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Jacob A. Riis (1849–1914). Theodore Roosevelt, the Citizen. 1904.

Page 337

like that, even though at first she would not believe it was true? And where is the son who would not cherish the deed and the doer forever in his heart of hearts? But it is the doing of that sort of thing that is their dear delight, those two; and that is why I am writing about them here, for I would like every one to know them just as they are. Here is a friend ’way out in Kansas, whose letter came this minute, writing, “the President who walks through your pages is a very heroic and kingly figure, a very Arthur among his knights at the round table.” Truly the President is that. I think we can all begin to make it out, except those who are misled and those in whose natures there is nothing to which the kingly in true manhood appeals. But could I show you him as he really is, as husband, father, and friend, you would have to love him even if you disagreed with him about everything. You just could n’t help it any more than could one of the old-time employés in the White House who stopped beside me as I stood looking at him coming across from the Executive Office the other day.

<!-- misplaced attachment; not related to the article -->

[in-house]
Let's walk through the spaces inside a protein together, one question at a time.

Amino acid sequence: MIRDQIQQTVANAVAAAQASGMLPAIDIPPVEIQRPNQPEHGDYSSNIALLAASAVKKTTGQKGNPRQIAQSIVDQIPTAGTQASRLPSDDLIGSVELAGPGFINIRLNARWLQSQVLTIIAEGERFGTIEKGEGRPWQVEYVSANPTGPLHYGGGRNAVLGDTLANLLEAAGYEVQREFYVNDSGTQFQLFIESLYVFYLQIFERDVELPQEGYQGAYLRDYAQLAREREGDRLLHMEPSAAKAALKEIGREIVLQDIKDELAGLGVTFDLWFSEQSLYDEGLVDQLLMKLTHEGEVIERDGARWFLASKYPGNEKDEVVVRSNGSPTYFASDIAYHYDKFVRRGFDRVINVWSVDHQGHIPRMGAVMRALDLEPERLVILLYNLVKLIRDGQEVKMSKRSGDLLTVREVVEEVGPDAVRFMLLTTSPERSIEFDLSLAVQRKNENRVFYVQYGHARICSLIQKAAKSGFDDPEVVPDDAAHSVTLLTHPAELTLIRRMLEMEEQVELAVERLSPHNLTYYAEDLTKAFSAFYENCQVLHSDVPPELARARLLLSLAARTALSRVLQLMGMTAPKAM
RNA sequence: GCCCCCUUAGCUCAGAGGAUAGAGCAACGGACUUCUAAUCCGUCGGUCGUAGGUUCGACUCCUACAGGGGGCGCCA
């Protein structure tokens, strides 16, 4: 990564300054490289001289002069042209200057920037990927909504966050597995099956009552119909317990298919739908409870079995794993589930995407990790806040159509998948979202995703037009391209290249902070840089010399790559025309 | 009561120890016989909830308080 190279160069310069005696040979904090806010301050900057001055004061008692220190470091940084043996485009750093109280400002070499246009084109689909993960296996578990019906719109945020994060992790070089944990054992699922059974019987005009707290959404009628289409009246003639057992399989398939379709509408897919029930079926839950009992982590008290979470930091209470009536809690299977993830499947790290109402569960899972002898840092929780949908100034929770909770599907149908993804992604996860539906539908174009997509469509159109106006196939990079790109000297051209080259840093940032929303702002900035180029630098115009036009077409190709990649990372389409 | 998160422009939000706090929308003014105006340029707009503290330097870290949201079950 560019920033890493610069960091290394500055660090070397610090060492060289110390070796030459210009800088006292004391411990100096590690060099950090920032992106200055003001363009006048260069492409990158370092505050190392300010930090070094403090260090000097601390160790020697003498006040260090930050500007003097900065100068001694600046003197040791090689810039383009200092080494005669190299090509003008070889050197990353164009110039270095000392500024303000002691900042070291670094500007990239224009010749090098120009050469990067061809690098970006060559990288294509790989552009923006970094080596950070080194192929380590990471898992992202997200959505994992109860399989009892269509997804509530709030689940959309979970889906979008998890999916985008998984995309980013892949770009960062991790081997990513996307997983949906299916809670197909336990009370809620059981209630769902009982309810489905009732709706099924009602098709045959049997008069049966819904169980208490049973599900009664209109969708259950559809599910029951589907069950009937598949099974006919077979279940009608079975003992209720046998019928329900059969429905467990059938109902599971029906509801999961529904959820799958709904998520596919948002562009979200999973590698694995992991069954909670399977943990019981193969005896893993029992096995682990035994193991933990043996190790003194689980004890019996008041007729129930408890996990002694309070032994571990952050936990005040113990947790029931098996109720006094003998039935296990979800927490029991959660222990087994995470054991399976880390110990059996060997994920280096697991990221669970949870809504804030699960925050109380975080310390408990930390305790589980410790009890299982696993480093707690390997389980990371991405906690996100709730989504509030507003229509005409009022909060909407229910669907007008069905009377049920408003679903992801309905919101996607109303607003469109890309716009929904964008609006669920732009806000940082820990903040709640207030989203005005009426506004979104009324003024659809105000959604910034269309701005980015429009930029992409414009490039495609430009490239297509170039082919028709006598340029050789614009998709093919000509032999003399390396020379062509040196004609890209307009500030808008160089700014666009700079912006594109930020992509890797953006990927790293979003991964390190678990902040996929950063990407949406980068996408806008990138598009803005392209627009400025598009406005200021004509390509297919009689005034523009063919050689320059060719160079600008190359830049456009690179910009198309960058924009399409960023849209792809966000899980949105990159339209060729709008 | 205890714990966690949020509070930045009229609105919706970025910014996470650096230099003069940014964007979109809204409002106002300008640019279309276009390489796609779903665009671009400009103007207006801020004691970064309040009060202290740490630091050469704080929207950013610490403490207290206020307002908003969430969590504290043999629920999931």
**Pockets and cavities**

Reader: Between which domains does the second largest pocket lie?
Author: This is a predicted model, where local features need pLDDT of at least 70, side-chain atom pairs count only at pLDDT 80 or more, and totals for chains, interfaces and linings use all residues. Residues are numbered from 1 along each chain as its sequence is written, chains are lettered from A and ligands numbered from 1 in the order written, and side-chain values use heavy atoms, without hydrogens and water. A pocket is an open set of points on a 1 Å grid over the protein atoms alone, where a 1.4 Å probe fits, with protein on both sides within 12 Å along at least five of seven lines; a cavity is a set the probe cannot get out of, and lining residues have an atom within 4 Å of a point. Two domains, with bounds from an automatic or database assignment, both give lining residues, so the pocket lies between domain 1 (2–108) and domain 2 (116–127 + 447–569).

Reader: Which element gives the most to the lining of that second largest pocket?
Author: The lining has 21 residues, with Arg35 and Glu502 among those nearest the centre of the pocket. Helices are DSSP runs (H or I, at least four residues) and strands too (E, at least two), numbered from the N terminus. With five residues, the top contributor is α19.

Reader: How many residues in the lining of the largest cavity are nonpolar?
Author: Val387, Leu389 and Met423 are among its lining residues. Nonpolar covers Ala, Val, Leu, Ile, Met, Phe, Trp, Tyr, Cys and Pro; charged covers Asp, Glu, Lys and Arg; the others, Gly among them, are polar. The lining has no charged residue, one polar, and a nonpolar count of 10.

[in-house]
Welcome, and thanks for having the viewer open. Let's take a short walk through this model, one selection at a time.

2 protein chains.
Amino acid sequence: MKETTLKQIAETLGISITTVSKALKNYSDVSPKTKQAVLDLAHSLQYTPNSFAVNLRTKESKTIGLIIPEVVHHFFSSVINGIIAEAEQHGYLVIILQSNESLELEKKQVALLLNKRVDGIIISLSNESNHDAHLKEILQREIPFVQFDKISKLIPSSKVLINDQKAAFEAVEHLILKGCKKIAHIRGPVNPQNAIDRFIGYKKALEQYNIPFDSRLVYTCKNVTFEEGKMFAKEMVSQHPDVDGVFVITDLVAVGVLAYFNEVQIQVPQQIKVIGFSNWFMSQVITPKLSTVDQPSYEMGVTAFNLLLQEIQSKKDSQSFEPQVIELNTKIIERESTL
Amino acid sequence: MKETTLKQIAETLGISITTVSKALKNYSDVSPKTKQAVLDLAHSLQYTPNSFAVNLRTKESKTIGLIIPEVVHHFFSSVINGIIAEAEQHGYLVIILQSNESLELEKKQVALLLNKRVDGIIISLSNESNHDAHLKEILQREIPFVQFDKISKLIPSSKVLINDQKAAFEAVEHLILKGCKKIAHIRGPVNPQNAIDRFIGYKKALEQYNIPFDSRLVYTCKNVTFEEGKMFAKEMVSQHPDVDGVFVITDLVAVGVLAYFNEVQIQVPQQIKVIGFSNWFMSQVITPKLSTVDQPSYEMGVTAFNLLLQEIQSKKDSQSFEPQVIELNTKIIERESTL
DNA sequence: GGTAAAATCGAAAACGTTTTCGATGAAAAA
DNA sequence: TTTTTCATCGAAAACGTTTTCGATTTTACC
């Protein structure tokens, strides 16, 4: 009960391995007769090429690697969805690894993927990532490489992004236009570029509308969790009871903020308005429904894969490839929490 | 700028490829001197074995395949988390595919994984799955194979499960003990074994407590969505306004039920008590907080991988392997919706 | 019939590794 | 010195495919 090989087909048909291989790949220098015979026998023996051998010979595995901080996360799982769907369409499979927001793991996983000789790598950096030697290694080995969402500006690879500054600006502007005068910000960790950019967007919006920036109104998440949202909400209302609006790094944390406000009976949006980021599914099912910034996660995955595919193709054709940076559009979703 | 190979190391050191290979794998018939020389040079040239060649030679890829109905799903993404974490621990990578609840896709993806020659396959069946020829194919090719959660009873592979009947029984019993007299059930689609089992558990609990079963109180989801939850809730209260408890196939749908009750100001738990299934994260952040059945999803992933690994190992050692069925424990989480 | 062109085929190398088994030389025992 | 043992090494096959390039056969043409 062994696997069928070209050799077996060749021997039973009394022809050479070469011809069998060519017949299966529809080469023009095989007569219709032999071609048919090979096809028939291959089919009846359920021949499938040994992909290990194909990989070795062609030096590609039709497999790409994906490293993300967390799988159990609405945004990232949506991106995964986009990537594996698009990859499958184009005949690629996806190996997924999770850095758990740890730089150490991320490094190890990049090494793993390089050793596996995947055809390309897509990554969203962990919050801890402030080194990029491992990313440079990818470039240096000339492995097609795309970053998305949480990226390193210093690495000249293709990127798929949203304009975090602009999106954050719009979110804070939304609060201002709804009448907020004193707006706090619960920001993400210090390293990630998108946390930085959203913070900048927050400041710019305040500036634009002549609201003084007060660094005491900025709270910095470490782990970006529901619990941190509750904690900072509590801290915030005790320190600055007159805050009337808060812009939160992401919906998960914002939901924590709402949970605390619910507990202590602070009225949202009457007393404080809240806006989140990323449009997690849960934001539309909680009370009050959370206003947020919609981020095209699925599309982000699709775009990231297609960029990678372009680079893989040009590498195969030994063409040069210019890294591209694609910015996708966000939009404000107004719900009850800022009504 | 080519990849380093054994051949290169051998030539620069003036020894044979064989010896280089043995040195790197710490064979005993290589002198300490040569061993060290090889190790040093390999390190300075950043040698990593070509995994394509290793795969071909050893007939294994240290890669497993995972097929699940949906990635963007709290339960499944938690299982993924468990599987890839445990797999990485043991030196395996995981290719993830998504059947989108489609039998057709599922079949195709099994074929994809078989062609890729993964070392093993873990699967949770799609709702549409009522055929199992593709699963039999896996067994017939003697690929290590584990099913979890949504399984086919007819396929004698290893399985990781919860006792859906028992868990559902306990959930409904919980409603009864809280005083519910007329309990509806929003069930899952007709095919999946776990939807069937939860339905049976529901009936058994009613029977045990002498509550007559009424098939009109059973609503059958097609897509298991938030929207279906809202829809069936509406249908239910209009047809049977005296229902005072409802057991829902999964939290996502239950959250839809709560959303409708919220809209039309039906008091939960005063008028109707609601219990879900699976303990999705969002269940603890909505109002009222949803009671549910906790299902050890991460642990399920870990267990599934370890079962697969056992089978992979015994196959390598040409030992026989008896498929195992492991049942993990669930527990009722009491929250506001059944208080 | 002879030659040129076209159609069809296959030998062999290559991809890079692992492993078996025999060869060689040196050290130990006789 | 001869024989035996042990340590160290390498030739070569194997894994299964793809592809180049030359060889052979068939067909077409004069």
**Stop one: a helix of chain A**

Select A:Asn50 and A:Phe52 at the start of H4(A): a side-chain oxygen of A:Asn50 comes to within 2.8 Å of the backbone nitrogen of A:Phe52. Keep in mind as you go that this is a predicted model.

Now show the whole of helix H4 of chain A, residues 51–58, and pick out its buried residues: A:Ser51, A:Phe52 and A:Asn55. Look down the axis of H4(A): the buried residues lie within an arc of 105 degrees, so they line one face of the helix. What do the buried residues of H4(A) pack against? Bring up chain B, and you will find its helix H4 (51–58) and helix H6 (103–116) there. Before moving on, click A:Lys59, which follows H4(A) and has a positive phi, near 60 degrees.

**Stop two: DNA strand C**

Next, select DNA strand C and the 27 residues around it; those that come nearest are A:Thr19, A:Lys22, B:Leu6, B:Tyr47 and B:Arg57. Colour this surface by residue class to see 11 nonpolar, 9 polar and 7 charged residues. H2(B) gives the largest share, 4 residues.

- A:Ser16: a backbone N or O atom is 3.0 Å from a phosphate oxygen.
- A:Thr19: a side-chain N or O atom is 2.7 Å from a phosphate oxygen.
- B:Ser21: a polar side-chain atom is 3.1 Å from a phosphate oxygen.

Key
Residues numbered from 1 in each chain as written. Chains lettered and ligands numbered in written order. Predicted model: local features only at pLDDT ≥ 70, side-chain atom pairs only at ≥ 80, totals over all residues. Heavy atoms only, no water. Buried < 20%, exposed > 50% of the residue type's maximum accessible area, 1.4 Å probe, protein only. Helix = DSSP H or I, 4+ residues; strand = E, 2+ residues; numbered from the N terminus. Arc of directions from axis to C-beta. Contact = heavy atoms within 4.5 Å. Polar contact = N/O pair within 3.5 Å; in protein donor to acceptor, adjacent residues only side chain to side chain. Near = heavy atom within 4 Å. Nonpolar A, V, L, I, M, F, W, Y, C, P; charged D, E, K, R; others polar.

“There he is,” said he, and his face lighted up. “I don’t know what there is about that man